Last update: 13 Nov 2018

E-Newsletter

Stay up-to-date with the latest news from the OECD by signing up for our e-newsletter :

Twitter feed

Suscribe now

<b>Subscribe now!</b>

To receive your exclusive paper editions delivered to you directly


Online edition
Previous editions

Don't miss

  • Globalisation will continue and get stronger, and how to harness it is the great challenge, says OECD Secretary-General Gurría on Bloomberg TV. Watch the interview here.
  • OECD Secretary-General Angel Gurría with UN Secretary-General António Guterres at the 73rd Session of the UN General Assembly, in New York City.
  • The new OECD Observer Crossword, with Myles Mellor. Try it online!
  • Watch the webcast of the final press conference of the OECD annual ministerial meeting 2018.
  • Listen to the "Robots are coming for our jobs" episode of The Guardian's "Chips with Everything podcast", in which The Guardian’s economics editor, Larry Elliott, and Jeremy Wyatt, a professor of robotics and artificial intelligence at the University of Birmingham, and Jordan Erica Webber, freelance journalist, discuss the findings of the new OECD report "Automation, skills use and training". Listen here.
  • Do we really know the difference between right and wrong? Alison Taylor of BSR and Susan Hawley of Corruption Watch tell us why it matters to play by the rules. Watch the recording of our Facebook live interview here.
  • Has public decision-making been hijacked by a privileged few? Watch the recording of our Facebook live interview with Stav Shaffir, MK (Zionist Union) Chair of the Knesset Committee on Transparency here.
  • Can a nudge help us make more ethical decisions? Watch the recording of our Facebook live interview with Saugatto Datta, managing director at ideas42 here.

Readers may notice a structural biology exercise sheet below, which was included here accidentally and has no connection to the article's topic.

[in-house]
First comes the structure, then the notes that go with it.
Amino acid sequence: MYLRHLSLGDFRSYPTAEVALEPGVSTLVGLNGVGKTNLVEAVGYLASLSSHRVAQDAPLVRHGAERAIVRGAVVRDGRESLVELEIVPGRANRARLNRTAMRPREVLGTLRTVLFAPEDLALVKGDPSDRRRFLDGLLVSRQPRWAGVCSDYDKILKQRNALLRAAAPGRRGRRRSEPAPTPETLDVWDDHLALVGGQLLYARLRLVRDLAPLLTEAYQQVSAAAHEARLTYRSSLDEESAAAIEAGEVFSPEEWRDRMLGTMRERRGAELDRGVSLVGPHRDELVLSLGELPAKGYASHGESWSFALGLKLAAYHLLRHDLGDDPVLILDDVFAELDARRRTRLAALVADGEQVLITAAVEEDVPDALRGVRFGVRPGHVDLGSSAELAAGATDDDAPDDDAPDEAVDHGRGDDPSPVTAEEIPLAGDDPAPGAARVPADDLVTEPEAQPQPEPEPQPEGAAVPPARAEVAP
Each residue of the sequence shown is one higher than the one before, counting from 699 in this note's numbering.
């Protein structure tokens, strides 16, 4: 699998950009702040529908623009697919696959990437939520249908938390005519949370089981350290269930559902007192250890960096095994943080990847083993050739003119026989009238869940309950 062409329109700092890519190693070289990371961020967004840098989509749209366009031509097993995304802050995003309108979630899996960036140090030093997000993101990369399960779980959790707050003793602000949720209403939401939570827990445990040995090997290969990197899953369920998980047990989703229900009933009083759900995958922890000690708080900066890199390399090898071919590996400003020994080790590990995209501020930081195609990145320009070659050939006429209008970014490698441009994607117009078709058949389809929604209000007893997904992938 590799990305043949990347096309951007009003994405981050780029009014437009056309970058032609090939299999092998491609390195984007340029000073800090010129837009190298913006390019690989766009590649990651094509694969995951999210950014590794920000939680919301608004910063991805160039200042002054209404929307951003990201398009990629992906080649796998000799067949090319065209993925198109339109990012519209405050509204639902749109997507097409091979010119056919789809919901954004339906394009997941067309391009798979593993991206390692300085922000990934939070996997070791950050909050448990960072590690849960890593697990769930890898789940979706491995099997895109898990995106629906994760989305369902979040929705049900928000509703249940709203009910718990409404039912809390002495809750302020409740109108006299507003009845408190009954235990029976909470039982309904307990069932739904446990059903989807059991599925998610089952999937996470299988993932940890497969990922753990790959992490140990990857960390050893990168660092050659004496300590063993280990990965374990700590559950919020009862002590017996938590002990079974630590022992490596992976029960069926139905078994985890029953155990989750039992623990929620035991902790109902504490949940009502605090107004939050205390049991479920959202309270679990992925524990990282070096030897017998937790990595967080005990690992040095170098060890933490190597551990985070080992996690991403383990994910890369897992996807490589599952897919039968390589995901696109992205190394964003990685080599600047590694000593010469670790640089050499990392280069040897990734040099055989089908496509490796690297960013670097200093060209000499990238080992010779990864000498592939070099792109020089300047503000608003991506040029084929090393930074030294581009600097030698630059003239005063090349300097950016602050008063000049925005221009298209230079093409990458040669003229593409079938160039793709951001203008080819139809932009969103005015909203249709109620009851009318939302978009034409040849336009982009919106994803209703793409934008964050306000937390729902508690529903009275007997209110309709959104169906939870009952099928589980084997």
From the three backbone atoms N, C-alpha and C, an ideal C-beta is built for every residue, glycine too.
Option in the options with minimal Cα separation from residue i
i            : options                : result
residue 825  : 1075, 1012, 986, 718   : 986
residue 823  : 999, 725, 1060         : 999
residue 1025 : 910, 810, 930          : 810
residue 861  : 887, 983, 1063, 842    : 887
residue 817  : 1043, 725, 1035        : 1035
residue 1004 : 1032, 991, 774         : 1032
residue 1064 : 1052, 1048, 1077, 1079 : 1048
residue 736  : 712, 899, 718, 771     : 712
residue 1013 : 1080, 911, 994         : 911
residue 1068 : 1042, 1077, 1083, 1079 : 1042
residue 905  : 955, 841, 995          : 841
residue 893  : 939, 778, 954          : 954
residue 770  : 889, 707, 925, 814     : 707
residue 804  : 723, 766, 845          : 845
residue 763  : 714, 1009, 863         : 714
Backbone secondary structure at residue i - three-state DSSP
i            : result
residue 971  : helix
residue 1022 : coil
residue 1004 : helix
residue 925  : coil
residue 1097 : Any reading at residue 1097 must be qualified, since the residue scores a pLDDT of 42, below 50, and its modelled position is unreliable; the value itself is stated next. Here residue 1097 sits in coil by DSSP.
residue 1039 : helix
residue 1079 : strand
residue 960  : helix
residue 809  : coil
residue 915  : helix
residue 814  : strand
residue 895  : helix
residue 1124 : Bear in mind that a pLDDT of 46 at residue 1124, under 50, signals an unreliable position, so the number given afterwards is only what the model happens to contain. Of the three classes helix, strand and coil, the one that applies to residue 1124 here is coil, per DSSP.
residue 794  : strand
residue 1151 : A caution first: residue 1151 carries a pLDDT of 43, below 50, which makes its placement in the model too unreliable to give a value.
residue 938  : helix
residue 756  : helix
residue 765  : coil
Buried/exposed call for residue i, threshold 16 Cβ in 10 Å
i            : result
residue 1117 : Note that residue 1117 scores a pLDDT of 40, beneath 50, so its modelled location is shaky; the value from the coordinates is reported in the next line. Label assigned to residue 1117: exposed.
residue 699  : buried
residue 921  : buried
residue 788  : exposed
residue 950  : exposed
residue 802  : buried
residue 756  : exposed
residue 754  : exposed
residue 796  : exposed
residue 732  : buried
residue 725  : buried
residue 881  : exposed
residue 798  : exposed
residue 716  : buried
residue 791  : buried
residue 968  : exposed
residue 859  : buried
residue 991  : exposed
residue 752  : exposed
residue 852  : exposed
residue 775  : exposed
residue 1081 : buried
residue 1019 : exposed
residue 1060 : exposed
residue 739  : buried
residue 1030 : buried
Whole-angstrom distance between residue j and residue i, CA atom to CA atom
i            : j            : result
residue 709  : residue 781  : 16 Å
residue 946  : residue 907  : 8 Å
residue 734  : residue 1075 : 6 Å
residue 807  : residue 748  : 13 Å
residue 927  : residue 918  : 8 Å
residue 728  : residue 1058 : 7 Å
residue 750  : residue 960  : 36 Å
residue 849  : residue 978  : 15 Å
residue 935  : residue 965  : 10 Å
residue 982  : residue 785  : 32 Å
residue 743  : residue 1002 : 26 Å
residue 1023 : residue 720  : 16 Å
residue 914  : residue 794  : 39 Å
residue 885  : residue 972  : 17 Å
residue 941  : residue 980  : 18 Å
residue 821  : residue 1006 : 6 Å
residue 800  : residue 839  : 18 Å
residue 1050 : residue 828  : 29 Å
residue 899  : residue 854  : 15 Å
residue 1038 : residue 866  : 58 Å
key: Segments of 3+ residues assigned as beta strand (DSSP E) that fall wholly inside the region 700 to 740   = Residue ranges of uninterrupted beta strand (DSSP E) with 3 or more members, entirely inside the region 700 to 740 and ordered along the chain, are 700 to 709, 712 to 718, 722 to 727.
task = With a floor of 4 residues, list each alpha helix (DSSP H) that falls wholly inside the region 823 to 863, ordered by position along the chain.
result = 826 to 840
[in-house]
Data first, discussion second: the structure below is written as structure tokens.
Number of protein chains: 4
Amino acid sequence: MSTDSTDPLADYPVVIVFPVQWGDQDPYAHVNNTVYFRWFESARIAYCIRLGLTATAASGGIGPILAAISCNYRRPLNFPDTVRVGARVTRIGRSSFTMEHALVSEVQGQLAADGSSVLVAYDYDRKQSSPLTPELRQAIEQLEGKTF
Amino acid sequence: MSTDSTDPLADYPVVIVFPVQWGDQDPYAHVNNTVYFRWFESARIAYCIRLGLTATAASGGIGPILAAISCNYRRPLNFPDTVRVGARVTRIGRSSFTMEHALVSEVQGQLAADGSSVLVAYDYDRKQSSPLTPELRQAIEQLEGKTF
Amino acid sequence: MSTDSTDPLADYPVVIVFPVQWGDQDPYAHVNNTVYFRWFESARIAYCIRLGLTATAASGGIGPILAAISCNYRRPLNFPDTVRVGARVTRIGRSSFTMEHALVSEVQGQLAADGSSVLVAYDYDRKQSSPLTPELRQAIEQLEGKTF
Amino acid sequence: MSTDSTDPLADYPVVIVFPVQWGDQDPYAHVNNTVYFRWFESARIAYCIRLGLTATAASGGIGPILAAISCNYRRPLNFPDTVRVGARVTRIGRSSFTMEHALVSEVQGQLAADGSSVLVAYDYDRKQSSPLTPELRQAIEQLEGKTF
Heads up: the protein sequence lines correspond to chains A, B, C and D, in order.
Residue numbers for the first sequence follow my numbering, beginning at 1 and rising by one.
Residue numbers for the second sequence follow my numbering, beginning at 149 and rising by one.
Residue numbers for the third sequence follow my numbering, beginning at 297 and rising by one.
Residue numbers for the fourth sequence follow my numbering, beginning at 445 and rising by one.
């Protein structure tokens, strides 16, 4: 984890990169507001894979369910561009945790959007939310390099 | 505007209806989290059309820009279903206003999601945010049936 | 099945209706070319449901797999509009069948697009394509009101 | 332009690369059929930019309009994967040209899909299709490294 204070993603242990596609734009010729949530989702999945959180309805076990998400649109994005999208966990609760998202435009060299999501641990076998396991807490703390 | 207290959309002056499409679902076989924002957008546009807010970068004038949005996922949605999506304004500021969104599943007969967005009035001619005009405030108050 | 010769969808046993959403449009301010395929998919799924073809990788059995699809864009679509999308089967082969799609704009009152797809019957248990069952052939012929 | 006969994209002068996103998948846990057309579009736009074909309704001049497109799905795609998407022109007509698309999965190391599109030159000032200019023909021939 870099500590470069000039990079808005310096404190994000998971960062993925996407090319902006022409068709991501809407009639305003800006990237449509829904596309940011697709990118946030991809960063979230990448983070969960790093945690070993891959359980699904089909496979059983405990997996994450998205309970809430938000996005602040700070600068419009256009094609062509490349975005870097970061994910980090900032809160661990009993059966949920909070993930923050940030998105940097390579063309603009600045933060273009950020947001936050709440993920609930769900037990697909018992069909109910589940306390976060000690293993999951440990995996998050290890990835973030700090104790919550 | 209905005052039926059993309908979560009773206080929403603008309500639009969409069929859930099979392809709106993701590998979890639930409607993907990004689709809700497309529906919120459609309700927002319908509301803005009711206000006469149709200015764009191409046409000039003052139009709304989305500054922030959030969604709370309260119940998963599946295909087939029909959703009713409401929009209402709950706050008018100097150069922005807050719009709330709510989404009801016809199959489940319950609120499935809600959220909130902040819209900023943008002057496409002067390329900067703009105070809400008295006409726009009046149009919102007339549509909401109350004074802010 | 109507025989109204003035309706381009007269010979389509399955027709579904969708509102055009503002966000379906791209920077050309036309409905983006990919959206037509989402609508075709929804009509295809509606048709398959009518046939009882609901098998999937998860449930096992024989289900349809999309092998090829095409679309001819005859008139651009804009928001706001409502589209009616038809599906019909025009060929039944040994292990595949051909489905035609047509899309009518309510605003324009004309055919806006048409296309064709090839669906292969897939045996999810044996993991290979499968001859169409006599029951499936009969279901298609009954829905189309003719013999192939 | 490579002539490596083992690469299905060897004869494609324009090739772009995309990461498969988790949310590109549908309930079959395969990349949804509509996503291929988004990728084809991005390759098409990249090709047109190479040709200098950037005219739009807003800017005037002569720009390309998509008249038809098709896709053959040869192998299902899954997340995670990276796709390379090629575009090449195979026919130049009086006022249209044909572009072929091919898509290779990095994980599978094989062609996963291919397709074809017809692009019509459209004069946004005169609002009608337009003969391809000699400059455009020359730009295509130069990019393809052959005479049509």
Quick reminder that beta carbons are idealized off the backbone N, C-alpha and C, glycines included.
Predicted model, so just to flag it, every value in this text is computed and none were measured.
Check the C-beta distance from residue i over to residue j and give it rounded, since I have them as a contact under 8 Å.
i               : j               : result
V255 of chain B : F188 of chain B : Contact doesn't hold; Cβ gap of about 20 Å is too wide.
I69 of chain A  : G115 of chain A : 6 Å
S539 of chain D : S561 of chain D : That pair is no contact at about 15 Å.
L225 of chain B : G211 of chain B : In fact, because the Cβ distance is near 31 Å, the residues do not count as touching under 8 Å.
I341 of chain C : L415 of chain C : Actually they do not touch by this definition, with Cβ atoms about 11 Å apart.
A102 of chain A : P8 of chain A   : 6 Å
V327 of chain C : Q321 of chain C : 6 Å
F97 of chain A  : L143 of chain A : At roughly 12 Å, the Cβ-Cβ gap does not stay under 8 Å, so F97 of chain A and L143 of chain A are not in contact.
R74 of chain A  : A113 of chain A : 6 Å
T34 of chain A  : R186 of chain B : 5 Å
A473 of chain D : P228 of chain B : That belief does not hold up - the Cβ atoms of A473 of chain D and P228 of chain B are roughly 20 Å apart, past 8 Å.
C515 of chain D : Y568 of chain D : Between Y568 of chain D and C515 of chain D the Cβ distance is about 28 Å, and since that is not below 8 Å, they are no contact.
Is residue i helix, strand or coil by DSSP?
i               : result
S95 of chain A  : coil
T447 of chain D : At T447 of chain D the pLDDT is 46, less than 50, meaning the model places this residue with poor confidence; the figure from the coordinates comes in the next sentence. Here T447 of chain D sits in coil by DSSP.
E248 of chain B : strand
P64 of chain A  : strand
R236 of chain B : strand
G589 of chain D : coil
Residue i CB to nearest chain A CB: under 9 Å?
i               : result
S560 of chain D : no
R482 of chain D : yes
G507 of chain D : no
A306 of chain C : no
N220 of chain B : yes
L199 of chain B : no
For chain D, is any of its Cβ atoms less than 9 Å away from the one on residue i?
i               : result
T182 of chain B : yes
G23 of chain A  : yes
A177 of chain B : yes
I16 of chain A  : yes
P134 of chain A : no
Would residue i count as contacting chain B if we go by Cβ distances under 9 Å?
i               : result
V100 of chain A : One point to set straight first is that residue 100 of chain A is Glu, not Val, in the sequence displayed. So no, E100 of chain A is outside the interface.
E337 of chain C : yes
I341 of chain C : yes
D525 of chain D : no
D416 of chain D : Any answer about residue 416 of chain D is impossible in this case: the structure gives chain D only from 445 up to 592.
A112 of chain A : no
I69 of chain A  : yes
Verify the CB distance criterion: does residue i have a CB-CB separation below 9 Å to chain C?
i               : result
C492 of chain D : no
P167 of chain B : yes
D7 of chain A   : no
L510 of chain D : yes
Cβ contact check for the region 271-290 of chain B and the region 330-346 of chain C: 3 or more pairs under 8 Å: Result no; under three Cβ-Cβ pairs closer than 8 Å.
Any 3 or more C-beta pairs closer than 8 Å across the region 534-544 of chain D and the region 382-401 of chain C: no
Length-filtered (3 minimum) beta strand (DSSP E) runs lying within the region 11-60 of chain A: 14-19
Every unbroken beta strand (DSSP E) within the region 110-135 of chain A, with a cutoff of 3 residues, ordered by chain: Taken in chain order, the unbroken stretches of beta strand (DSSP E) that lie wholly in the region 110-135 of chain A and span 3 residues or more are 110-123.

• The fight against tax evasion is gaining further momentum as Barbados, Côte d’Ivoire, Jamaica, Malaysia, Panama and Tunisia signed the BEPS Multilateral Convention on 24 January, bringing the total number of signatories to 78. The Convention strengthens existing tax treaties and reduces opportunities for tax avoidance by multinational enterprises.
  • Rousseau
  • Do you trust your government? The OECD’s How's life 2017 report finds that only 38% of people in OECD countries trust their government. How can we improve our old "Social contract?" Read more.
  • Globalisation’s many benefits have been unequally shared, and public policy has struggled to keep up with a rapidly-shifting world. The OECD is working alongside governments and international organisations to help improve and harness the gains while tackling the root causes of inequality, and ensuring a level playing field globally. Please watch.
  • Checking out the job situation with the OECD scoreboard of labour market performances: do you want to know how your country compares with neighbours and competitors on income levels or employment?
  • Trade is an important point of focus in today’s international economy. This video presents facts and statistics from OECD’s most recent publications on this topic.
  • The OECD Gender Initiative examines existing barriers to gender equality in education, employment, and entrepreneurship. The gender portal monitors the progress made by governments to promote gender equality in both OECD and non-OECD countries and provides good practices based on analytical tools and reliable data.
  • Interested in a career in Paris at the OECD? The OECD is a major international organisation, with a mission to build better policies for better lives. With our hub based in one of the world's global cities and offices across continents, find out more at www.oecd.org/careers .
  • Visit the OECD Gender Data Portal. Selected indicators shedding light on gender inequalities in education, employment and entrepreneurship.

Most Popular Articles

OECD Insights Blog

NOTE: All signed articles in the OECD Observer express the opinions of the authors
and do not necessarily represent the official views of OECD member countries.

All rights reserved. OECD 2018